In “Printer’s Devil,” Meredith plays against type, cast as an oddball villain rather than a hapless protagonist. Here he plays Satan, in disguise as a newspaper reporter and typist named Mr. Smith. He finds an editor (Robert Sterling) about to commit suicide and vows to help the man turn his failing paper around if only the man will promise him his eternal soul. To help the paper beat its competitors, Mr. Smith develops a linotype machine that can not just predict the future but cause it to come true. Burgess is clearly having a blast, and he carries the episode handily with his energetic performance. “The Twilight Zone” is famous for its economical storytelling, which is why the hourlong episodes are some of the weakest. In this case, though, the runtime mostly means extra scenes for Meredith to vamp for the camera, and who would complain?
In “The Long Morrow,” an astronaut (Robert Lansing) who will be in suspended animation for 40 years falls in love just before leaving on his journey into space. The new technology aboard his ship means that he will only age several weeks while exploring distant solar systems. Thus, when he returns to Earth his beloved (Mariette Hartley) will be an old woman. The final twist is heartbreaking and poignant, an excellent example of “The Twilight Zone” at its most emotionally effective.
“The Long Morrow” is also a great example of Rod Serling’s ingenuity, especially as the show stretched into its fifth season and reached its end. There are only a handful of actors in the episode and a few generic-looking sets, but the story still feels expansive because of the emotional mechanisms at work. It’s also a great example of the economy of Serling’s narration. The episode includes a number of sci-fi plot devices, including the suspended animation chamber and an interstellar drive that will allow the ship to travel at 7x the speed of light, but the opening moments of the episode immediately earn the audience’s buy-in. “Science has solved the mechanized details,” Serling says, “and now it’s up to one human being to breathe life into blueprints and computers.” Even at its most science fiction-y, “The Twilight Zone” excels when it tells very human stories. On that level, “The Long Morrow” is a standout.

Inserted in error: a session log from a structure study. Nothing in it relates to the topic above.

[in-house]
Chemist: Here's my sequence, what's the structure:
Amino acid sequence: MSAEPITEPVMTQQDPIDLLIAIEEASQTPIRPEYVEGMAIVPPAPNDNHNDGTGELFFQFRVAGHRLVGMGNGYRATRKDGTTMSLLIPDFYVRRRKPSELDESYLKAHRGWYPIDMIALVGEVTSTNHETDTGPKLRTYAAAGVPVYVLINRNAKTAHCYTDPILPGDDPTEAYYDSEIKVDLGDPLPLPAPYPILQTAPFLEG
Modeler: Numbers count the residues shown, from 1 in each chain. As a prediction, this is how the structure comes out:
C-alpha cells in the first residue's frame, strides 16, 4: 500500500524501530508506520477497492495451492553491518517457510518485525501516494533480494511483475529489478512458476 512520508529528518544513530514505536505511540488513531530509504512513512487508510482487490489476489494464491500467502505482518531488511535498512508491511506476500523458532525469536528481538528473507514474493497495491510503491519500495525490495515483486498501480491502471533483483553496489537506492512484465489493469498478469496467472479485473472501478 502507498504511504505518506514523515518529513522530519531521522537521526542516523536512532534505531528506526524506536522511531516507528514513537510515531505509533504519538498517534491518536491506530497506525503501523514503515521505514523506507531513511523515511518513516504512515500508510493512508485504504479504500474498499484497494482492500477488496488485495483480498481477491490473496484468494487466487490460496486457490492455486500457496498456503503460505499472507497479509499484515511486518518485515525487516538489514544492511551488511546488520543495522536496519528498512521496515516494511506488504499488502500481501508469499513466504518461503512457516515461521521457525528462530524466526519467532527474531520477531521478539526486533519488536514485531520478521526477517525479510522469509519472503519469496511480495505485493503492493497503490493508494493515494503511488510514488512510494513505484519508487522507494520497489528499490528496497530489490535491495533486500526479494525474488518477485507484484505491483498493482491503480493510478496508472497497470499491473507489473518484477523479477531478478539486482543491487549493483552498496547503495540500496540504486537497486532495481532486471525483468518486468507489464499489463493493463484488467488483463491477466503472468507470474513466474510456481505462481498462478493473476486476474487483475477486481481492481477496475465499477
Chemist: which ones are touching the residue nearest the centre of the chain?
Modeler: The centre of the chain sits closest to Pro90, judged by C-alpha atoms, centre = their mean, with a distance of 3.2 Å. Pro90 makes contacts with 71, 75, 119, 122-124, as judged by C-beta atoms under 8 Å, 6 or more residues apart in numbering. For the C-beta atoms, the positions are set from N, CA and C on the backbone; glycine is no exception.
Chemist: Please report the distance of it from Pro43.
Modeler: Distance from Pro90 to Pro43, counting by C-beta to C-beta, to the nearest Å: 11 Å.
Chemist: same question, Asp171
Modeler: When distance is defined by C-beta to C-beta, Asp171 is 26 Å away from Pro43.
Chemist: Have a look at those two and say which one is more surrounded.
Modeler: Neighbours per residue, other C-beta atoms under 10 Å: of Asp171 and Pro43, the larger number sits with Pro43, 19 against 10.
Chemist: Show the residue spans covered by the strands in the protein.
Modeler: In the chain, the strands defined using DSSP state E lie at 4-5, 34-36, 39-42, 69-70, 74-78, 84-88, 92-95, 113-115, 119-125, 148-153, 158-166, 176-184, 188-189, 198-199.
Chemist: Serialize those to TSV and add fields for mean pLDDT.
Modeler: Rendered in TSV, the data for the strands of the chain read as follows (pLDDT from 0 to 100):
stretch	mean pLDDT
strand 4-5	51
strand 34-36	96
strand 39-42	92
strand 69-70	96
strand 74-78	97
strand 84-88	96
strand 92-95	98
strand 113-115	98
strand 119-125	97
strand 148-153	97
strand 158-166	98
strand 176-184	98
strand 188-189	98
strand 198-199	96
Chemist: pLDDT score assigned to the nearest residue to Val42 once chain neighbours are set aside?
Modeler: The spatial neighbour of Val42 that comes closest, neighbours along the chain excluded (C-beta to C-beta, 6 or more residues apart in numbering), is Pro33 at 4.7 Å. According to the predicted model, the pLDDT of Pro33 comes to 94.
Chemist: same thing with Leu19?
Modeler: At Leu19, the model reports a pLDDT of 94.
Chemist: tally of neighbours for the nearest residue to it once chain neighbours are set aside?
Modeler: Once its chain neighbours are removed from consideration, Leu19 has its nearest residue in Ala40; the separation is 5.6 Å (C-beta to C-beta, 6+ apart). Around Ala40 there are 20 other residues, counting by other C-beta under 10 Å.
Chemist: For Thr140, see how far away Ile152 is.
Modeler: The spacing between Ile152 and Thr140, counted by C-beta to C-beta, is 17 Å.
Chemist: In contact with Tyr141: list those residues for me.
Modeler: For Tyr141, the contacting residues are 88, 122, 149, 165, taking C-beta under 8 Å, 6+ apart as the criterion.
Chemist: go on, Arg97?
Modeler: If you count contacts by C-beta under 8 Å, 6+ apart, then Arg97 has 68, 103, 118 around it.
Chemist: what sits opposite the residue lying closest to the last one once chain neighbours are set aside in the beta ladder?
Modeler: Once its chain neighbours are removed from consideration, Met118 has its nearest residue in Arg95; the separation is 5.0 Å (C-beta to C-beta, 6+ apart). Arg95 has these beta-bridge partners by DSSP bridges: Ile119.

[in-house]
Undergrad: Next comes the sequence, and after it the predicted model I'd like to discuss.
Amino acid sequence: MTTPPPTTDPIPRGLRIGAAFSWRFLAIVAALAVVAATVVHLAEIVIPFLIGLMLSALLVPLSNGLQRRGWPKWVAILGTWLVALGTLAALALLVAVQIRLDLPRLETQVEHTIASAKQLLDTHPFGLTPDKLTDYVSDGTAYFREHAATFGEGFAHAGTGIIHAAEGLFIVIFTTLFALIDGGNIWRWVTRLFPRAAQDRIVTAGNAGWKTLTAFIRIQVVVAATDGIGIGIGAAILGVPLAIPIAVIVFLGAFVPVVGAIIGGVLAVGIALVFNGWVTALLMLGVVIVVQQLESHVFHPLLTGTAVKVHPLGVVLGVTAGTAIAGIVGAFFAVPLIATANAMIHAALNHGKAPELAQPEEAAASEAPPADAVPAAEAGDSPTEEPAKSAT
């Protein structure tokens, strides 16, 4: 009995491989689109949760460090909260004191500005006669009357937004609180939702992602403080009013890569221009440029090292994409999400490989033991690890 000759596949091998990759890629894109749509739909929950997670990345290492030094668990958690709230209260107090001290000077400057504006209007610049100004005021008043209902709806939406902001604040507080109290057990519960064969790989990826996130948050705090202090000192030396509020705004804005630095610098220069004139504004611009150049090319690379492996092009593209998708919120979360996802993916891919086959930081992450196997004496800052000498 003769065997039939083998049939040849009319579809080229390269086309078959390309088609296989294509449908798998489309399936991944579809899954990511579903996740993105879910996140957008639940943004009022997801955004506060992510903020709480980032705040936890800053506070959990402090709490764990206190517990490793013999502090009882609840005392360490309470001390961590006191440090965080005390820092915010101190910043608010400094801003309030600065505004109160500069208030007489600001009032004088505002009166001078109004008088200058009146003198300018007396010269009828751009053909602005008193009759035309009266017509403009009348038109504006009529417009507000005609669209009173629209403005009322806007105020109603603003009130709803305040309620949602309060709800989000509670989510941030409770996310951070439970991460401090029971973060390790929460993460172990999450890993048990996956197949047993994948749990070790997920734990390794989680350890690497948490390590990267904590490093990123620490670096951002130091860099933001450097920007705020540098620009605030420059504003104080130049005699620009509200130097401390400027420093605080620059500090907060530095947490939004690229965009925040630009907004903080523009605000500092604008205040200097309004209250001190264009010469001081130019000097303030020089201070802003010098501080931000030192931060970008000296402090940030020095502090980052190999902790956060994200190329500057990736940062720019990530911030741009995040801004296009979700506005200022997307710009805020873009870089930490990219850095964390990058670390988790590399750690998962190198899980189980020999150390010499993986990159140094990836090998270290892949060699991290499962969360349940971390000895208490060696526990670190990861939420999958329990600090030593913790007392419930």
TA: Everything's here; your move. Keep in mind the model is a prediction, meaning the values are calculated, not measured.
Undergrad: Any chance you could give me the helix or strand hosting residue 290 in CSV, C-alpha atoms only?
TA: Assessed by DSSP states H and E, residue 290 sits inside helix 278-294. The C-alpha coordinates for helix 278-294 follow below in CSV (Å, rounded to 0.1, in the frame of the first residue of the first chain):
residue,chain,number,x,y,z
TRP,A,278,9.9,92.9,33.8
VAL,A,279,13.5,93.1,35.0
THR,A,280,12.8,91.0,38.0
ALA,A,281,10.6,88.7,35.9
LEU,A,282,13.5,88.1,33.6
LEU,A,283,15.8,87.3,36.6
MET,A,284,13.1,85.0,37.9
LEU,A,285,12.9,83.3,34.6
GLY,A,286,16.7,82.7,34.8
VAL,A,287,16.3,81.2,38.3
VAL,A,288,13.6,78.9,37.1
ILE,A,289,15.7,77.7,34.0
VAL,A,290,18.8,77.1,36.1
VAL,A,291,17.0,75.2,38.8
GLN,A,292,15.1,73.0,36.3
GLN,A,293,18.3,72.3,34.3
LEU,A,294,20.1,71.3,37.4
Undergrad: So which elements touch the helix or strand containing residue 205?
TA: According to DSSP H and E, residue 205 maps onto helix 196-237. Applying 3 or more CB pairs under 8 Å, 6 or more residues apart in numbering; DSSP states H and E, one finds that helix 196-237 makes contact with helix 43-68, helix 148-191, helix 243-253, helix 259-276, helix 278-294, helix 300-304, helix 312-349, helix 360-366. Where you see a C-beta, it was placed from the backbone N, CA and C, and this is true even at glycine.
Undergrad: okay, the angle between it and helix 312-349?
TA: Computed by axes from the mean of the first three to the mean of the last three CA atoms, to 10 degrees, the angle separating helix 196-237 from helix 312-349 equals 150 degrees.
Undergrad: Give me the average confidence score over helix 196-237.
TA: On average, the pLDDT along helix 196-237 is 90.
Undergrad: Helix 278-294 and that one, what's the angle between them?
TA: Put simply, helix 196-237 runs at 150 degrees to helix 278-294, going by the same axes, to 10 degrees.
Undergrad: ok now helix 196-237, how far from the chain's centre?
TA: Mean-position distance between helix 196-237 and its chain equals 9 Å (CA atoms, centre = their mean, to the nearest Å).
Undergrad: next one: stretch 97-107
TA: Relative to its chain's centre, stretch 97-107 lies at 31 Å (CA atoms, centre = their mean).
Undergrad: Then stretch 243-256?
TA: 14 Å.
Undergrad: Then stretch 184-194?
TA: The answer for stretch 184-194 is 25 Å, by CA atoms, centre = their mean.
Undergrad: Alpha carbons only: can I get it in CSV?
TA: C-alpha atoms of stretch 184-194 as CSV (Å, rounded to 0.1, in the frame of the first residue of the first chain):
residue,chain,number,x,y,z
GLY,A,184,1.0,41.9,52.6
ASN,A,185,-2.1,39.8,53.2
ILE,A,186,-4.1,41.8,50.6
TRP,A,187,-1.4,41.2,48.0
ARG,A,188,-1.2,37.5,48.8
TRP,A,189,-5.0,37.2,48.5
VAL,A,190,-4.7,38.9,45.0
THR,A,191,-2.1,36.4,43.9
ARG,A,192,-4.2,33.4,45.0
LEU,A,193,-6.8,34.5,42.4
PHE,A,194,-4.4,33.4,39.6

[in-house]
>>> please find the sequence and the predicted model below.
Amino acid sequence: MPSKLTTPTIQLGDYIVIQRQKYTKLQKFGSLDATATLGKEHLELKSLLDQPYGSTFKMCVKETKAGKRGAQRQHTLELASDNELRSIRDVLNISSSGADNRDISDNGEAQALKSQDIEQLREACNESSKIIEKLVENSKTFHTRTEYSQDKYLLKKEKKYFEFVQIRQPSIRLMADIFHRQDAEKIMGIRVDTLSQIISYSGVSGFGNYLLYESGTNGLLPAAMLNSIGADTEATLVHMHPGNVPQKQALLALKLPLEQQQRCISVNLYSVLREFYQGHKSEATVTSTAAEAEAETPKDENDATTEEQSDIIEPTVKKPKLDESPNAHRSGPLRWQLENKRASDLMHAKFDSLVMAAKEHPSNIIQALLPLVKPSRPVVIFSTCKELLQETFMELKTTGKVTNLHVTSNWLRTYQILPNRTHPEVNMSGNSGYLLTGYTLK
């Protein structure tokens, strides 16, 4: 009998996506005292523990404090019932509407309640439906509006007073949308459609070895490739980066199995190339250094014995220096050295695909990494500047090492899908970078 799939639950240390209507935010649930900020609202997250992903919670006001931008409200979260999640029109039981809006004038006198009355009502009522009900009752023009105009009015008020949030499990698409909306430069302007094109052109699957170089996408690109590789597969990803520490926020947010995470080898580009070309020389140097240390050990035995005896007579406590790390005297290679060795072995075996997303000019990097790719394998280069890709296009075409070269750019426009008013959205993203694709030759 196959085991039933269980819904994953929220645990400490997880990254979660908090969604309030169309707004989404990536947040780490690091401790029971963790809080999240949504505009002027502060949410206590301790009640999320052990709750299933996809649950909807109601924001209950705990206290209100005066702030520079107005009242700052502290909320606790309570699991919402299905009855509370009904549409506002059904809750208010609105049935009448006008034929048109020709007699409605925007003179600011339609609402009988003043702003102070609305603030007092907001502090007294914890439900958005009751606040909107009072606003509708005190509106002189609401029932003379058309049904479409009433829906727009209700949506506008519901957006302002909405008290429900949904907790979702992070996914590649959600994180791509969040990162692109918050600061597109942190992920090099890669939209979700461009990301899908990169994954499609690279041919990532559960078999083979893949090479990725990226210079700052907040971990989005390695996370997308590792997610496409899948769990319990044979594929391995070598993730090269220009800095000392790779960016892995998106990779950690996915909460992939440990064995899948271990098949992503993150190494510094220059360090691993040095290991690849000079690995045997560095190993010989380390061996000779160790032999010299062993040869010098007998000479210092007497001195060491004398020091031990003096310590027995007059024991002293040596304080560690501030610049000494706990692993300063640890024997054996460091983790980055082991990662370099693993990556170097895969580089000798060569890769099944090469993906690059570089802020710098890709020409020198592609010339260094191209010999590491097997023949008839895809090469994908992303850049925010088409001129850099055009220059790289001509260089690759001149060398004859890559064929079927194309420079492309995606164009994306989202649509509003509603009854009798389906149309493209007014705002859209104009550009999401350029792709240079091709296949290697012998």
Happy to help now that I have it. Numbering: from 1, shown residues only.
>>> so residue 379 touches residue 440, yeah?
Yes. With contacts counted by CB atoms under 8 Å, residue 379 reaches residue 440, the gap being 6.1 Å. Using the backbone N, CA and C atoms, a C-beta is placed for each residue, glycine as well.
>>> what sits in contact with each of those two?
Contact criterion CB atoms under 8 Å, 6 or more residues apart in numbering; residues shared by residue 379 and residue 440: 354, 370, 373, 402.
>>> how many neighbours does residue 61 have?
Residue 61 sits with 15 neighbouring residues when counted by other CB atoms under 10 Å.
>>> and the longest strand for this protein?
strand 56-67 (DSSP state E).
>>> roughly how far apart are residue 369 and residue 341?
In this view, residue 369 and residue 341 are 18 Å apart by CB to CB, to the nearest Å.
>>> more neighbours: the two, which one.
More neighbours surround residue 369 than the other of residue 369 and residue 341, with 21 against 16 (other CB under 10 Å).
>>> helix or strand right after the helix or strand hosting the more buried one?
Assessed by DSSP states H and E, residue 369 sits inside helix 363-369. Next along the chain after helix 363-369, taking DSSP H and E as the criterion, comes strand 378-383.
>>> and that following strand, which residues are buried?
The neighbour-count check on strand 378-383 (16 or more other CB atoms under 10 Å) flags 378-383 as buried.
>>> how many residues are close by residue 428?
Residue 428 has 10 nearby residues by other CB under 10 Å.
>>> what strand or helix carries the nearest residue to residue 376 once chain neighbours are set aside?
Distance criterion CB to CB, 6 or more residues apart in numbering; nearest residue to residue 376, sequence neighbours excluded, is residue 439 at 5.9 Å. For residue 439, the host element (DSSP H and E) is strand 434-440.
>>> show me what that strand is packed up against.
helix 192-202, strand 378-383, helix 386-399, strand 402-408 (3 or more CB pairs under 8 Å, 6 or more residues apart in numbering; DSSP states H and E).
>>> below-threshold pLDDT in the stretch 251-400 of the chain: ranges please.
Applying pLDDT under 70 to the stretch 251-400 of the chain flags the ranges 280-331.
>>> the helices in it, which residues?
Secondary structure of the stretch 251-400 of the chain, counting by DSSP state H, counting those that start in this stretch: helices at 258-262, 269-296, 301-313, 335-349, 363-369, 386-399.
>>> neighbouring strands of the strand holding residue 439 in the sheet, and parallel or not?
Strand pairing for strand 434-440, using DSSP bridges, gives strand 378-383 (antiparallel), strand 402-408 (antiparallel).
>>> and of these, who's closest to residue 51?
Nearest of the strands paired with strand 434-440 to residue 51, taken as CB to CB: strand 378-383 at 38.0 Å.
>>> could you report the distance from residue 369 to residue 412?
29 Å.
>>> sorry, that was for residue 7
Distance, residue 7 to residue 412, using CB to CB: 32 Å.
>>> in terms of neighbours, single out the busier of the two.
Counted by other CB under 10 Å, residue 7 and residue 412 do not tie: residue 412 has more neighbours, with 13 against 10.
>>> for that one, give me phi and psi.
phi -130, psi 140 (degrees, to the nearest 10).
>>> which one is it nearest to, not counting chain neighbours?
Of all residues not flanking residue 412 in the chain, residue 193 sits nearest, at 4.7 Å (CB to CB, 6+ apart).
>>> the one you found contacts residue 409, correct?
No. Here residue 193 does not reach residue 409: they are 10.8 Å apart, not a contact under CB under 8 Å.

“An Occurrence at Owl Creek Bridge” stands out in the “Twilight Zone” canon because it wasn’t actually filmed as part of the show. Instead, according to “The Twilight Zone Encyclopedia,” it aired as an episode of the show’s final season after “The Twilight Zone” purchased the rights to the short film out of France. Based on Ambrose Bierce’s short story, the episode tells the tale of a man about to be hanged during the Civil War when suddenly the rope snaps and he escapes down the creek.
Nearly dialogue-free, it’s a stunning half-hour of television. The episode is dreamlike and strange — which makes sense in its infamous, shocking final moments — and it’s made all the more eerie thanks to its propulsive score. It also looks different than the vast majority of “Twilight Zone” episodes, which were largely filmed on soundstages. Here, it’s all location photography, full of elegant camerawork and ambient sound that seems to have been captured on site. Because of rights issues, the episode only ever aired once. It’s not included in the Paramount+ catalog of “Twilight Zone Classic” episodes, but the short film is available to rent separately from various other VOD services, and the episode is included on various home video releases, including the Complete Blu-Ray edition. It also served as a major inspiration for the horror classic “Jacob’s Ladder.”